Prime Minister Menachem Begin moved today to stem the rising tide of public impatience with the stalemate in Lebanon by appealing to Israelis for national unity as the country approaches the first anniversary next Monday of the invasion that set off the war.
Begin, goaded by the acid comments of an opposition Labor Party member who publicly questioned the decision to launch the war as well as the prime minister's leadership during the conflict, made the emotional appeal during what started as a routine parliamentary debate.
"I call on all factions that are loyal to the state to stand together in this trial, as we have stood in other times . . . . I ask that the same measure of unity which existed at the start of the fighting should continue," Begin said as he called for help in finding conditions that would bring home the estimated 20,000 Israeli troops in Lebanon. His message came two days after two Israeli soldiers were killed and another three wounded in the continuing daily violence that has boosted the number of Israeli war dead to almost 500.
Touching briefly on the recent reports of buildups by Israel and Syrian troops in Lebanon, he declared that Israel has "absolutely no intention of attacking the Syrians" and said that if Syria attacked Israel, "we shall all have to defend our lives, our existence and our future."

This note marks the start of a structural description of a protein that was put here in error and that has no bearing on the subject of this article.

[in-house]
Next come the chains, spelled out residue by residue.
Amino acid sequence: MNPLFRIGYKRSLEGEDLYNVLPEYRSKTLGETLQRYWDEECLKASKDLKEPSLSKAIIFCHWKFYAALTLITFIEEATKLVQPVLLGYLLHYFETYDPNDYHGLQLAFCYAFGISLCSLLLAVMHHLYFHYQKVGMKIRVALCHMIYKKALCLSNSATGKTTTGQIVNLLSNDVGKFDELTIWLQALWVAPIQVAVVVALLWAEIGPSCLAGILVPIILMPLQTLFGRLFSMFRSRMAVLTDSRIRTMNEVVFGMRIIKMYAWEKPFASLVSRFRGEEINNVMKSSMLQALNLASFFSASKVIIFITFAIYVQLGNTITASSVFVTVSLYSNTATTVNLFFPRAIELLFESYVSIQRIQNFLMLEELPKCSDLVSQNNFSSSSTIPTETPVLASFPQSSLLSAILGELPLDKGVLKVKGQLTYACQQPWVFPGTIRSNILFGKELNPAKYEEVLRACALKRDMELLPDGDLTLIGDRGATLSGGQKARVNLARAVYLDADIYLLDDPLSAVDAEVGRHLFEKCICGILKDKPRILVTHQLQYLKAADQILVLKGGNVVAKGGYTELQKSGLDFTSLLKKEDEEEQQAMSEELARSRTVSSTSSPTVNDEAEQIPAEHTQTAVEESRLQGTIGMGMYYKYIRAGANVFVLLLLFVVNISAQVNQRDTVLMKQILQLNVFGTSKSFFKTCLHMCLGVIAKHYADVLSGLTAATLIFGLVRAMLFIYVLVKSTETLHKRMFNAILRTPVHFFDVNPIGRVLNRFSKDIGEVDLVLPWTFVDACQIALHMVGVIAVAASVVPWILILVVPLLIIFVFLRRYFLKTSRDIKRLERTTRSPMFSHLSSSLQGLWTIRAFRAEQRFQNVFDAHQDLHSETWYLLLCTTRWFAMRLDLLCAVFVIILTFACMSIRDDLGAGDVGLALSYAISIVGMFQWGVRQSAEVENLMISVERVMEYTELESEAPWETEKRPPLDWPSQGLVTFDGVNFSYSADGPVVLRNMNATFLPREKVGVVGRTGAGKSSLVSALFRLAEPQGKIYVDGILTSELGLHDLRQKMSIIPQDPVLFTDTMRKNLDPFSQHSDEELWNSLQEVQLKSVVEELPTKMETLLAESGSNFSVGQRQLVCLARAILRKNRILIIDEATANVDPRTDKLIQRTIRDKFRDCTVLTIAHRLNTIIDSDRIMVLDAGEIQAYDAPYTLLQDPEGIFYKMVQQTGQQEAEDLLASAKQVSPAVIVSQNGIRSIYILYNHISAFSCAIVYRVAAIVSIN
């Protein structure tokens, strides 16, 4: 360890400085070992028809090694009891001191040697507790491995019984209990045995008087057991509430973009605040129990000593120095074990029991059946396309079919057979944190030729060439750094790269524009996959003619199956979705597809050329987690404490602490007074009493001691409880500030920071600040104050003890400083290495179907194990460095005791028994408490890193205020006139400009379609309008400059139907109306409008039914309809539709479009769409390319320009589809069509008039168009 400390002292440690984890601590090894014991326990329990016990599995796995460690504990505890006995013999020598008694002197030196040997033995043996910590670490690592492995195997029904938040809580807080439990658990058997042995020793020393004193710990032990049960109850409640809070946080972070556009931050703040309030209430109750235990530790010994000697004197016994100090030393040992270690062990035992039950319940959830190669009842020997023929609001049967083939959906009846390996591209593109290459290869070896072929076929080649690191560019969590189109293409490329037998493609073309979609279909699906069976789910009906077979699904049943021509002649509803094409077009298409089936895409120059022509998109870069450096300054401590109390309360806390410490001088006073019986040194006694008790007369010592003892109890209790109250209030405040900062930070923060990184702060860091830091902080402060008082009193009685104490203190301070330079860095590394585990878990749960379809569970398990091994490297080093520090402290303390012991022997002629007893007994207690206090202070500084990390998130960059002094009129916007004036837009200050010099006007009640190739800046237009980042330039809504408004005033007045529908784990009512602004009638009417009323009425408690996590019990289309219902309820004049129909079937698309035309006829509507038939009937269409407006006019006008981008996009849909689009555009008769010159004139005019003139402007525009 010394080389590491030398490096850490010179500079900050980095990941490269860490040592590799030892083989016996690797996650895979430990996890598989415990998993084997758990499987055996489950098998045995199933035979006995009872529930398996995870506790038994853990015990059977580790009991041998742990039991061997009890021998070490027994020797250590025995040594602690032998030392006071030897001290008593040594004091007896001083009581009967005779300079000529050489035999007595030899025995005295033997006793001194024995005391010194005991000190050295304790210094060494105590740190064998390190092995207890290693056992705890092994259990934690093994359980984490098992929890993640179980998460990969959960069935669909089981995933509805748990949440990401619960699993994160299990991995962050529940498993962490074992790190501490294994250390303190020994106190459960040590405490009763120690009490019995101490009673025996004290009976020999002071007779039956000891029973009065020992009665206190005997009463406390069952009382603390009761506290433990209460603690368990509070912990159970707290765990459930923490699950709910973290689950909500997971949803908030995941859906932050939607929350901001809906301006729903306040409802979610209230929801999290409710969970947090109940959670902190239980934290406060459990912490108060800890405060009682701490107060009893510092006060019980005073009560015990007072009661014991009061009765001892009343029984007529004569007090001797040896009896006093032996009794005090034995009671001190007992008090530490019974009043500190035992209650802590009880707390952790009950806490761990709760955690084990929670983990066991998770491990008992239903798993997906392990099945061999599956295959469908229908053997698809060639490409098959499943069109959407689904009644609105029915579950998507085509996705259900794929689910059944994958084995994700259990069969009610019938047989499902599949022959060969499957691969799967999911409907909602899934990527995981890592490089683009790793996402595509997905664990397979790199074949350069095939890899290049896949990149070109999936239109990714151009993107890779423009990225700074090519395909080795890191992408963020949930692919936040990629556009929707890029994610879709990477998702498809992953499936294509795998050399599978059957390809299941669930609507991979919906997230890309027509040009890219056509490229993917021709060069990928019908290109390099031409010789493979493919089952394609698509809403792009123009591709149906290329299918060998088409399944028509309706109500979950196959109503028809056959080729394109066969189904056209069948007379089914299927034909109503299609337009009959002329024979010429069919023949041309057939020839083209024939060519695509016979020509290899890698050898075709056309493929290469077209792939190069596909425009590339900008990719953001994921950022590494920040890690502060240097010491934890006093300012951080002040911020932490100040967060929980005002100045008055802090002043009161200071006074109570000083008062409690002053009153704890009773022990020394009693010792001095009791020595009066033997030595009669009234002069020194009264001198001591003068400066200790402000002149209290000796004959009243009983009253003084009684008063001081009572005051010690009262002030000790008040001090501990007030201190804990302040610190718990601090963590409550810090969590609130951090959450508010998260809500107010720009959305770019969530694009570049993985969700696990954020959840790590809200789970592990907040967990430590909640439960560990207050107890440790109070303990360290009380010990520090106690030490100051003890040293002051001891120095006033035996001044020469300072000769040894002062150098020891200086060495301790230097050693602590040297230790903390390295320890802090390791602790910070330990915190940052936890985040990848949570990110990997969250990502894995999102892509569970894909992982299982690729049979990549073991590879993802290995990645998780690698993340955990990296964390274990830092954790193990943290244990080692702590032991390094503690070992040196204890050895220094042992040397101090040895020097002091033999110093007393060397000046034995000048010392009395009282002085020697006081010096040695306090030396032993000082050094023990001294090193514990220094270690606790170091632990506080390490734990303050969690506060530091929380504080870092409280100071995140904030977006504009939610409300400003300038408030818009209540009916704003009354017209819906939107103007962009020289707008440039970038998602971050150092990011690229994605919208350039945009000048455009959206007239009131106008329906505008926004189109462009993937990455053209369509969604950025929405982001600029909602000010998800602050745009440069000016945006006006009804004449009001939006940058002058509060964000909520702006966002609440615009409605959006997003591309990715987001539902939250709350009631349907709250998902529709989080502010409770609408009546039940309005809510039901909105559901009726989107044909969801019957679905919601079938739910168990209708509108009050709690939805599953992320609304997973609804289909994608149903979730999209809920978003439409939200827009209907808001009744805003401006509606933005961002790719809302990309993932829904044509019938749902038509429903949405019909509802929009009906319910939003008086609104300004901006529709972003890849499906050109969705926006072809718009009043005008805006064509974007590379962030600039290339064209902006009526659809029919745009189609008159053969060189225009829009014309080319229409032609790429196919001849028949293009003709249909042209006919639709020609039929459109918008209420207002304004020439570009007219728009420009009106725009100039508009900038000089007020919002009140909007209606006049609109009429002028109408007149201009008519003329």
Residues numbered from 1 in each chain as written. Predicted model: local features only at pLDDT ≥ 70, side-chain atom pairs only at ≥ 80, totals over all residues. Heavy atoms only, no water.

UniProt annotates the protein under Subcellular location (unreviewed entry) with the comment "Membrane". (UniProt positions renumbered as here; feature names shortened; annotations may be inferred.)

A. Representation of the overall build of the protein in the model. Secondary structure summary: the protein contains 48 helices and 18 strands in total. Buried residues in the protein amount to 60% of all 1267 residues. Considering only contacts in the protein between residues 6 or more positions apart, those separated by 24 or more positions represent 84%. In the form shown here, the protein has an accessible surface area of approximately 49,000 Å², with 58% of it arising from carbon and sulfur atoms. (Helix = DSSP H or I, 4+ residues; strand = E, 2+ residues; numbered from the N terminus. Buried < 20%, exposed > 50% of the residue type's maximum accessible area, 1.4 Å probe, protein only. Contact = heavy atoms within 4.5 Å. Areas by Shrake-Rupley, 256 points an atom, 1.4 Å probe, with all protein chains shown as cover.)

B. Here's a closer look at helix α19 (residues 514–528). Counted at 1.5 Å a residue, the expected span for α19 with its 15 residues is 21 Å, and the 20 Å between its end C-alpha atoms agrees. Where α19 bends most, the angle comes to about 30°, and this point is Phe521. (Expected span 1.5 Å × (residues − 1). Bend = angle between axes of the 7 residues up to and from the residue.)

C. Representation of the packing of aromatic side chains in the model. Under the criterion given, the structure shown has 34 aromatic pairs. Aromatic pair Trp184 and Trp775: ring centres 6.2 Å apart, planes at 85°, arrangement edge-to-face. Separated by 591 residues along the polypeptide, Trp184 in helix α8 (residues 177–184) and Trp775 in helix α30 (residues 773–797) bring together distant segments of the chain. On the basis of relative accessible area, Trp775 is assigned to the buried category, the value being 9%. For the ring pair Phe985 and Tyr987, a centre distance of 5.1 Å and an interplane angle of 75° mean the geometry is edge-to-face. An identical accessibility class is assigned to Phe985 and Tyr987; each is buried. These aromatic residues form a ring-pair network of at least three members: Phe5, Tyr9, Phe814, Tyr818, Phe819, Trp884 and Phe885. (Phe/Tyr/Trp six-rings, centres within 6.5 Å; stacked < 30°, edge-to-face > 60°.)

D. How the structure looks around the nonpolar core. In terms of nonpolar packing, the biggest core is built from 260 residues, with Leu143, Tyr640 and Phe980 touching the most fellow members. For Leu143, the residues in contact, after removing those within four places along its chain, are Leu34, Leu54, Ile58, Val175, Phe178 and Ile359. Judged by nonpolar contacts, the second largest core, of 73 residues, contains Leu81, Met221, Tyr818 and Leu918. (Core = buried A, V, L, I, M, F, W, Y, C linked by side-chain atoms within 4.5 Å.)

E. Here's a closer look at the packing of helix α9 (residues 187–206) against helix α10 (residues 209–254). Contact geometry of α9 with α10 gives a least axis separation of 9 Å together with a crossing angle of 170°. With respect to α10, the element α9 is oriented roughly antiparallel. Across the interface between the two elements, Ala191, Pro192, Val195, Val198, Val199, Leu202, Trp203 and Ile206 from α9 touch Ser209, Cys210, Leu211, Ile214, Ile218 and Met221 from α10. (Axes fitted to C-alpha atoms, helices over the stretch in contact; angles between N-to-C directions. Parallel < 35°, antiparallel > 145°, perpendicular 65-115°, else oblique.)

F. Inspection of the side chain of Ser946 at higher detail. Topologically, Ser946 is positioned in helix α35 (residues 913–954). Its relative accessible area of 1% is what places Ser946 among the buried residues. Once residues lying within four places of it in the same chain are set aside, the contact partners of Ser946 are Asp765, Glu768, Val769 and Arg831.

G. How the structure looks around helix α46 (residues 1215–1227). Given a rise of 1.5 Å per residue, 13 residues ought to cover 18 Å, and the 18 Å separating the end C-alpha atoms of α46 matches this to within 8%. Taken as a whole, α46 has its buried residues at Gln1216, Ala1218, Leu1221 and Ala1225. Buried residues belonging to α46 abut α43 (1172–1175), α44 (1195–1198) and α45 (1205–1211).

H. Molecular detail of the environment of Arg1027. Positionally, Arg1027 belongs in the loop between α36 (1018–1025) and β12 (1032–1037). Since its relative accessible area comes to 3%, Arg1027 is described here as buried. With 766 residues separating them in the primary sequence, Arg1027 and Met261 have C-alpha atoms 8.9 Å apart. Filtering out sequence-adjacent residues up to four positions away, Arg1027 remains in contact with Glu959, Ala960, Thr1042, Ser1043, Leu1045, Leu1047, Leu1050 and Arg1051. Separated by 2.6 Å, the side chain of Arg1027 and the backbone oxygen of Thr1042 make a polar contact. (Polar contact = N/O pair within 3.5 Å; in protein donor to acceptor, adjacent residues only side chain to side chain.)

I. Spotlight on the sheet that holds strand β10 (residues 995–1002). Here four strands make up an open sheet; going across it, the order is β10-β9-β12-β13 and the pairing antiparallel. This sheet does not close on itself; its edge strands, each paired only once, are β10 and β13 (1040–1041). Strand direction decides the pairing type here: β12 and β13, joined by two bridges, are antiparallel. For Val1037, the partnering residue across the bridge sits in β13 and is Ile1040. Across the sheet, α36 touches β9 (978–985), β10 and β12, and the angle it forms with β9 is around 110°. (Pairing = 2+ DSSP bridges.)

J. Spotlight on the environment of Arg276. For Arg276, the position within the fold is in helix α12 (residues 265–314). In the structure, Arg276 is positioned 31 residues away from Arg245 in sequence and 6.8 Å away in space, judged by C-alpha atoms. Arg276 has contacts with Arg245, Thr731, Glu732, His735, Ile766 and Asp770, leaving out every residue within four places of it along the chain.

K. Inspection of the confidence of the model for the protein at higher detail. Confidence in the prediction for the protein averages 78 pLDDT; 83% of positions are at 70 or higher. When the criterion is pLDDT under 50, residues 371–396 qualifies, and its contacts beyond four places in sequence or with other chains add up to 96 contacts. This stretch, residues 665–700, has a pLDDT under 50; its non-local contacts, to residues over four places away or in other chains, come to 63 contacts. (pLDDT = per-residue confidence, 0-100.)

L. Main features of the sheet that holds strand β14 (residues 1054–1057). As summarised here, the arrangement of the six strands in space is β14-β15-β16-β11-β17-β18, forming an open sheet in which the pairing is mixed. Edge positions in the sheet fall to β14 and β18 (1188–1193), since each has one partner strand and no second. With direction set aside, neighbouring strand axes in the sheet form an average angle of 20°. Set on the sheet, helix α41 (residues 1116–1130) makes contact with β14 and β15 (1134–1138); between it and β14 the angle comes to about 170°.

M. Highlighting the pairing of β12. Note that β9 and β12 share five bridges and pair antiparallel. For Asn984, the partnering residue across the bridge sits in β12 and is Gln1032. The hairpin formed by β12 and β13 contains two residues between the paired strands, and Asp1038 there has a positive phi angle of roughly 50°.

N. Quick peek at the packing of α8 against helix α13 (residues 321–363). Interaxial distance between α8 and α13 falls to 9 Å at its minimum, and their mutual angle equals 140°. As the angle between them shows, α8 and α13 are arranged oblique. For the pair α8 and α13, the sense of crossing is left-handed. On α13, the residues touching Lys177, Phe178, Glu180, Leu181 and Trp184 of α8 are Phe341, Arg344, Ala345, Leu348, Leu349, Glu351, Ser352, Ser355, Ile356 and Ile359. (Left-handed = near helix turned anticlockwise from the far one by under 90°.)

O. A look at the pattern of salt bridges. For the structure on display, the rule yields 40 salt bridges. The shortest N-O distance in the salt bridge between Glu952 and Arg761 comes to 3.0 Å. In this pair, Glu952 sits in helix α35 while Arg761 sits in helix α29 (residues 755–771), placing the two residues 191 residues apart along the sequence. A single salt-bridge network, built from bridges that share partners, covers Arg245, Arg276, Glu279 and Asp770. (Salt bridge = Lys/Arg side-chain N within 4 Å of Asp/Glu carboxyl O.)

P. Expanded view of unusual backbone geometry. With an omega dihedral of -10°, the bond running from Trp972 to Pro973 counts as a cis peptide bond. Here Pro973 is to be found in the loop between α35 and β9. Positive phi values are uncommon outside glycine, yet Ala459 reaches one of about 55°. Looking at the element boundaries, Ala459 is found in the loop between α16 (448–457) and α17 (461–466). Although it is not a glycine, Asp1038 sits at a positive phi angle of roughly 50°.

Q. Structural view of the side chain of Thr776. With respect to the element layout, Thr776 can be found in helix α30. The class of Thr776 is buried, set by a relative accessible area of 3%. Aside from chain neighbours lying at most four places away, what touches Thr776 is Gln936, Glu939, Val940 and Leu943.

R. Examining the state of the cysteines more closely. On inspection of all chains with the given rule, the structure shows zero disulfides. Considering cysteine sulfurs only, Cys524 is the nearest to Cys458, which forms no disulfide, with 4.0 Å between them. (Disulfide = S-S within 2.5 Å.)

Referring to the "Syrian threat," Begin said, "Why should we create the impression that we are divided among ourselves, in these days of tension and of preparations by Syria? I don't think it's a positive action to present matters thusly."
The divisions Begin referred to have existed from the outset of the war but were muted by Israel's military success and the protracted negotiations that two weeks ago achieved an Israeli troop withdrawal agreement with Lebanon. A majority of Israelis still support last year's decision to go to war and its military objective of destroying the Palestine Liberation Organization stronghold in southern Lebanon.
But with the one-year milestone of the war approaching with no sign that the troop withdrawal accord will be implemented soon and with the number of attacks on Israeli soldiers in Lebanon on the rise, new indications of impatience and dissent have begun to appear.
This week Israel's small Peace Now movement is staging a march from the Lebanese border to Tel Aviv, where it plans to hold an antiwar rally Saturday night. Peace Now consistently has strongly opposed the war, but it recently has been joined by a new organization, called Parents Against Silence, in demanding a unilateral Israeli pullout from Lebanon.
About 2,000 members of the parents' organization, started by the parents of soldiers who are serving in Lebanon, staged their own demonstration this week outside Israel's parliament, the Knesset, where they chanted, "Bring the boys home."
Another group for weeks has been holding a vigil outside Begin's house where it displays a sign with the number of Israeli soldiers killed in Lebanon. Today, the number on the sign was 490.